8. Lord, let me go where you go
  9. He speaks
  10. I’m a rat
  11. Must I just stay the way I am?
  12. Follow me
  13. The crucifixion
  14. I am the resurrection
  15. You know I love you
  16. There’s no other name & Finale


  1. Ask, seek and knock
  2. Burning, burning
  3. In me
  4. Universal language
  5. Time to share
  6. For Jesus’ sake
  7. Father, heavenly Father
  8. The fruit of the Spirit
  9. We will listen to the Spirit
  10. For the mighty moving
  11. If the Spirit says go
  12. To be like Jesus
  13. Damascus
  14. That’s the Spirit
  15. Love cannot fail
  16. What does the Spirit say?

Audio Player

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  • Lieut-Colonel Trevor Davis
    Salvationist, Sept 2011

    The phrase ‘Gowans and Larsson musicals’ has flown easily off the tongue for almost forty years, so it was welcome news that General John Larsson was to record a series of CDs containing the songs which arose from the ten musicals in which he collaborated with General John Gowans. The first of these, ‘Take-over Bid’ and ‘Hosea’, was released last year and has been one of S. P. & S. Ltd’s best selling recordings since!

    The second of the series has just been released, featuring ‘Jesus Folk’ and ‘Spirit!’, and there is every reason to expect that it will exceed sales of the first. These were the two musicals which emphasised most strongly that their usage could extend far beyond the Army, and many joint church productions were the order of the day. (I clearly remember a 1982 ecumenical performance of ‘Spirit!’ in a small, isolated New Zealand town where the local bank manager, an Anglican as I recall, was an absolute ‘sound-alike’ for John Gowans!)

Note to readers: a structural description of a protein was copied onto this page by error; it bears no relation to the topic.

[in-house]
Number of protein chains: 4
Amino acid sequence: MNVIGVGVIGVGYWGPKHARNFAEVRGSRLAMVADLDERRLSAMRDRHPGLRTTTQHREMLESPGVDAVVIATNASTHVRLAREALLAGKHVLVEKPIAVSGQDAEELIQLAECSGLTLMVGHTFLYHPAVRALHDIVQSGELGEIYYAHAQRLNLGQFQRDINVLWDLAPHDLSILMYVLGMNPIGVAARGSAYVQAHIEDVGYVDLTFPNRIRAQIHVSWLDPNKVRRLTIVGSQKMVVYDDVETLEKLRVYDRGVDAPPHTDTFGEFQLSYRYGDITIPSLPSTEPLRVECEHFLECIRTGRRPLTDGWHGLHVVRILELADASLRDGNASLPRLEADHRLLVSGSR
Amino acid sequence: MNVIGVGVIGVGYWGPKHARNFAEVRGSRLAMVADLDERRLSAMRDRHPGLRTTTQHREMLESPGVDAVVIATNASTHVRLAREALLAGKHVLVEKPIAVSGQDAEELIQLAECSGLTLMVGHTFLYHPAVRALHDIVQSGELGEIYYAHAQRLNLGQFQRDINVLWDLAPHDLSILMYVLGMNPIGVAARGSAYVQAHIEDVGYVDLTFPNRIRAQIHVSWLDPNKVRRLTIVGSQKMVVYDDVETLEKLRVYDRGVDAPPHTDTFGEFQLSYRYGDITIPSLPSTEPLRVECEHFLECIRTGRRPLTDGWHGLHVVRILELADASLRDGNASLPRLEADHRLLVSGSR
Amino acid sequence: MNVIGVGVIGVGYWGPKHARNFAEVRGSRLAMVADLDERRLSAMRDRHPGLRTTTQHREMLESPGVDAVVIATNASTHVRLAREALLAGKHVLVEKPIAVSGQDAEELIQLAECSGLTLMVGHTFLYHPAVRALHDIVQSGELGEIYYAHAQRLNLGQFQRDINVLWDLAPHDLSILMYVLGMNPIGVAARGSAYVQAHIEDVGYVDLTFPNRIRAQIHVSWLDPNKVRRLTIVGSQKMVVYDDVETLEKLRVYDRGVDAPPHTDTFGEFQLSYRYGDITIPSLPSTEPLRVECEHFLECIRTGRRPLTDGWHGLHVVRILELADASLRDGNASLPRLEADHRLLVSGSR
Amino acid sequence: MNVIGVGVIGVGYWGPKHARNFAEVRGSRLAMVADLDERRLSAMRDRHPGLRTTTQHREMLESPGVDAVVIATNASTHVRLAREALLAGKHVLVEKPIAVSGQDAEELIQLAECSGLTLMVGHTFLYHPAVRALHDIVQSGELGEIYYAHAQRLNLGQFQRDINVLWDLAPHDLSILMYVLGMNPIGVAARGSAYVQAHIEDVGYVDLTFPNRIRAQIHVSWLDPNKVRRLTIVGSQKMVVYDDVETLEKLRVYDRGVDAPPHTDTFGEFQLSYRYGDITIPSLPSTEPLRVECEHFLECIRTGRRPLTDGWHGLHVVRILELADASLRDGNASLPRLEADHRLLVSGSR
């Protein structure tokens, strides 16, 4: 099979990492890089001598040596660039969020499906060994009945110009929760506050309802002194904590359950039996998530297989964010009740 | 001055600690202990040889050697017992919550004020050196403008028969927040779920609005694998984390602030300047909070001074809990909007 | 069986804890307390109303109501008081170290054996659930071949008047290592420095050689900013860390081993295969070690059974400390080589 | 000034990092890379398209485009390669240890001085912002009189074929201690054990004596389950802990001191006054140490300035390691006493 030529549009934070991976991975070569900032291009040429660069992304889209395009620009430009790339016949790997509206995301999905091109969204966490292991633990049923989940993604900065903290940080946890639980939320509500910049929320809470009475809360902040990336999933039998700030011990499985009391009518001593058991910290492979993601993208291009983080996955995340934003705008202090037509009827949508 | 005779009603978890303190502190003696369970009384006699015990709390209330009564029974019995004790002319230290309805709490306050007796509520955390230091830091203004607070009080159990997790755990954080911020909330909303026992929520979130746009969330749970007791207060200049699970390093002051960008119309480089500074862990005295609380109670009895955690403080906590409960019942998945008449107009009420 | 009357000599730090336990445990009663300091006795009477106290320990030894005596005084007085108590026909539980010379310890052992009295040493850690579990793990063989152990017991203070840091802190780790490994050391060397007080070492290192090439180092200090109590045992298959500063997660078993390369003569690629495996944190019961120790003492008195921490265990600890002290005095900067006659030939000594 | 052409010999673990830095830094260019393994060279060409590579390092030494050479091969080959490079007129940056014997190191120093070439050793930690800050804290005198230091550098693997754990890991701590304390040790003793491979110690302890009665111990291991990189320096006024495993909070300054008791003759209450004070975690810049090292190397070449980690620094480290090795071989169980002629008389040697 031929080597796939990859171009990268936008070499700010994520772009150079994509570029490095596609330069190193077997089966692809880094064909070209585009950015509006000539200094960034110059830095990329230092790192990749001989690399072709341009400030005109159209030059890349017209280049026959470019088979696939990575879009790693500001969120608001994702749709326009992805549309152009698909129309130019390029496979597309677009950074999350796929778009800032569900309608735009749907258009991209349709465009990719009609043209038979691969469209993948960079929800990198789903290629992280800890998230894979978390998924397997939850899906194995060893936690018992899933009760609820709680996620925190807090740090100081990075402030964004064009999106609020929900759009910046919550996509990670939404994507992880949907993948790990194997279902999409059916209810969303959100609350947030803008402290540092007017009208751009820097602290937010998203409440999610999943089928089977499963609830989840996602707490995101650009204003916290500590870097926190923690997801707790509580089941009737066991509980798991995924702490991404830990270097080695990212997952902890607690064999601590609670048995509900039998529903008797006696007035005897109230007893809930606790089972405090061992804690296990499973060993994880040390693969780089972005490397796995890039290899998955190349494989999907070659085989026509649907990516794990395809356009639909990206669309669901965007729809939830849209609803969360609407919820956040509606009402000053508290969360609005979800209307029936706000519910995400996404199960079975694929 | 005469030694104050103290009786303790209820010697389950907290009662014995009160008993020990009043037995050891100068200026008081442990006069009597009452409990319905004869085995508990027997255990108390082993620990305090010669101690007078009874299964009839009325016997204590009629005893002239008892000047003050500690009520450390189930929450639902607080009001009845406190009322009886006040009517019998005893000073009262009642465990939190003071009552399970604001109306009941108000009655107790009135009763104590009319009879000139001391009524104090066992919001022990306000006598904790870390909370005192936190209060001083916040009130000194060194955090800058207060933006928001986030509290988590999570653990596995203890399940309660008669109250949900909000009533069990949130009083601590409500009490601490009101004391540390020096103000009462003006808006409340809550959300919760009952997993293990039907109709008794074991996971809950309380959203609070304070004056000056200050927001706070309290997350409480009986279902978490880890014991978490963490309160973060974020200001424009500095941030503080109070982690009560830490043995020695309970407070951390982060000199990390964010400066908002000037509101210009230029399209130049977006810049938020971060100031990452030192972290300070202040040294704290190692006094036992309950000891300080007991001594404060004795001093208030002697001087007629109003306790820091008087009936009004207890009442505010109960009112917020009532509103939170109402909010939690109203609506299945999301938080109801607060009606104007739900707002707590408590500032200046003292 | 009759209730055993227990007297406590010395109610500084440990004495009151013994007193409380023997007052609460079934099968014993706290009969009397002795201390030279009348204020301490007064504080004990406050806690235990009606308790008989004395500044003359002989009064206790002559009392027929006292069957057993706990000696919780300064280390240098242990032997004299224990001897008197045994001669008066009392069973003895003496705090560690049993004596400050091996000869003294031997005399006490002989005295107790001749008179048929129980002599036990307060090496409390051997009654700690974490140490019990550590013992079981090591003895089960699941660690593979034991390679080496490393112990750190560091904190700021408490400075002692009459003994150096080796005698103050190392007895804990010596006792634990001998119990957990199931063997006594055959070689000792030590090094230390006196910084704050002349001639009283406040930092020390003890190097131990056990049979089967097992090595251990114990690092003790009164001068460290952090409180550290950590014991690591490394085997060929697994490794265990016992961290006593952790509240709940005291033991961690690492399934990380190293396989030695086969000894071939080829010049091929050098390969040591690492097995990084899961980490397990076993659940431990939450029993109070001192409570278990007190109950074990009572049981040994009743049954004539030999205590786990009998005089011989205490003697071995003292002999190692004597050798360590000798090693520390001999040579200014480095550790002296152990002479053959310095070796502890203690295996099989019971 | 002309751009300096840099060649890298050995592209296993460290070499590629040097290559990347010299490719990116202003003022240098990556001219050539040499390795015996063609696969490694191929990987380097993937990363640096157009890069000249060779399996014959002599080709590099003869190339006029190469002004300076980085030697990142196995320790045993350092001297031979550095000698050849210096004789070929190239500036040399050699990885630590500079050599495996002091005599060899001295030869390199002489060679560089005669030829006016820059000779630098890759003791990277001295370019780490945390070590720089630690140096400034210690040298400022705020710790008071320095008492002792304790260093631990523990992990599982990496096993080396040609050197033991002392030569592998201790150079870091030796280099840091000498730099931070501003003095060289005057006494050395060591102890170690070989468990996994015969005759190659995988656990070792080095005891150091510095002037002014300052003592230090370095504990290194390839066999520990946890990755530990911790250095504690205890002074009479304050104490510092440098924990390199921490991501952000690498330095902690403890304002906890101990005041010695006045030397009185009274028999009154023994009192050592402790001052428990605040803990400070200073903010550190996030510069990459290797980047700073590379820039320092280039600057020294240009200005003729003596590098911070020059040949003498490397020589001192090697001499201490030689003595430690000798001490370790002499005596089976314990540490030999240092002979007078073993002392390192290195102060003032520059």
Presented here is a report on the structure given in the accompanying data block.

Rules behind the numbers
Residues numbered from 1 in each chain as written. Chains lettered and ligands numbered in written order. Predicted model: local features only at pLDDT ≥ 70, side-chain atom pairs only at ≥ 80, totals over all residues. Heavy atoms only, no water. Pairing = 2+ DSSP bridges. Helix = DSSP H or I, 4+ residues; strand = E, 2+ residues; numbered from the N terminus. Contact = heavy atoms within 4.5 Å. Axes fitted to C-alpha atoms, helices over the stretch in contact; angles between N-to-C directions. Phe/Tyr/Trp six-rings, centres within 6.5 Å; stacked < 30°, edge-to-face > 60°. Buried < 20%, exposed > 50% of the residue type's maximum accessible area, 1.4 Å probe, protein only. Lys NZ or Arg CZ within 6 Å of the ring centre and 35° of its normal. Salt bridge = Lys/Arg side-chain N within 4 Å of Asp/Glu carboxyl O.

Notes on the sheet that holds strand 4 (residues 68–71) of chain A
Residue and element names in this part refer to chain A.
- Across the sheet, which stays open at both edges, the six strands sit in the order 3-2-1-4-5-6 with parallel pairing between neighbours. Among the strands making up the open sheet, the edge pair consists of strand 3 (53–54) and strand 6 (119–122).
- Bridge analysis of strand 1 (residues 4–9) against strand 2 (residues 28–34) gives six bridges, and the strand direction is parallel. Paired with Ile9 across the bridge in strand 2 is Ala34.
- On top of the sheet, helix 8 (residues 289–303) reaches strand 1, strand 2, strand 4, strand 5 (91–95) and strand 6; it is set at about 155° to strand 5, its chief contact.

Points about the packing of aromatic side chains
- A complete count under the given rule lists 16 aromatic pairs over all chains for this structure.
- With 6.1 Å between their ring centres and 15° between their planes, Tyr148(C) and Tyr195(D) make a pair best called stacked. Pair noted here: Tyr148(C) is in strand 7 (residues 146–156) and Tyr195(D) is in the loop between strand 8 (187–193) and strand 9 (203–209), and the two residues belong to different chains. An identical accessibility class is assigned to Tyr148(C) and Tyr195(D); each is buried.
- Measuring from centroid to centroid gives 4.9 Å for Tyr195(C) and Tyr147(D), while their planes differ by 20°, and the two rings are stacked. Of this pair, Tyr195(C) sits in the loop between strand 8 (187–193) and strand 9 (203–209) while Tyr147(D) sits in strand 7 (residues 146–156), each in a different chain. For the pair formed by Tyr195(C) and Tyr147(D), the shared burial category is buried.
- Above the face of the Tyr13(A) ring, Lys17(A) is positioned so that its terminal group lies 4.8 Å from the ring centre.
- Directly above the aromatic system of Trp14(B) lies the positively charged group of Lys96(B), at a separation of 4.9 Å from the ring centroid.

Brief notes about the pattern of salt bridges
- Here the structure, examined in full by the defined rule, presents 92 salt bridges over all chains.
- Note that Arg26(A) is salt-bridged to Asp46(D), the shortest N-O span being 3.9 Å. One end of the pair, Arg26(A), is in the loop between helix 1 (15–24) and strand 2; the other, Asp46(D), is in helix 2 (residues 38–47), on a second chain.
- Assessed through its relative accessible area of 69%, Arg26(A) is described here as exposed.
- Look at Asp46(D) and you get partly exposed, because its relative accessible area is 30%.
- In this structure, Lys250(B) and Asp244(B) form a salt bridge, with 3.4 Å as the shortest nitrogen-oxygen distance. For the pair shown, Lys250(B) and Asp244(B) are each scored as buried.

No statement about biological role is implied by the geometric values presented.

There is little point in listing individual song titles – if you have a favourite from these musicals, it is included! The tracks are all piano arrangements (with a few other instrumental sounds added on certain tracks). However, the arrangements are not simple! They include not only the always strong melody lines and all the familiar harmonies, but also many of the counter melodies and extra distinguishable orchestrations from the original backing band arrangements – quite a handful! They are played with all the disciplined rhythmic accuracy yet soulful sensitivity which we have come to associate with John Larsson at the piano.

    There are a number of ways in which the songs will be listened to; without doubt, nostalgia will play a part for those who either remember early performances, or who participated in them; they will have a heyday! Others will hear songs which have become familiar as congregational worship songs, especially since ten of the songs featured on the current recording were included in the 1985 revision of the Salvation Army Song Book.

    However, another way of embracing these songs will be to follow carefully the words, all of which are provided in a 32-page booklet. General Larsson himself records in his sleeve notes his regard for General Gowans’ ability to provide deep truths in a most accessible and comprehensible way. Without doubt this would provide a most valuable devotional exercise to anybody who carefully examines those words.

    Altogether, one senses that in this series of recordings another chapter of Salvation Army history is being recorded, a chapter which has meant, and does mean, a great deal to our generation.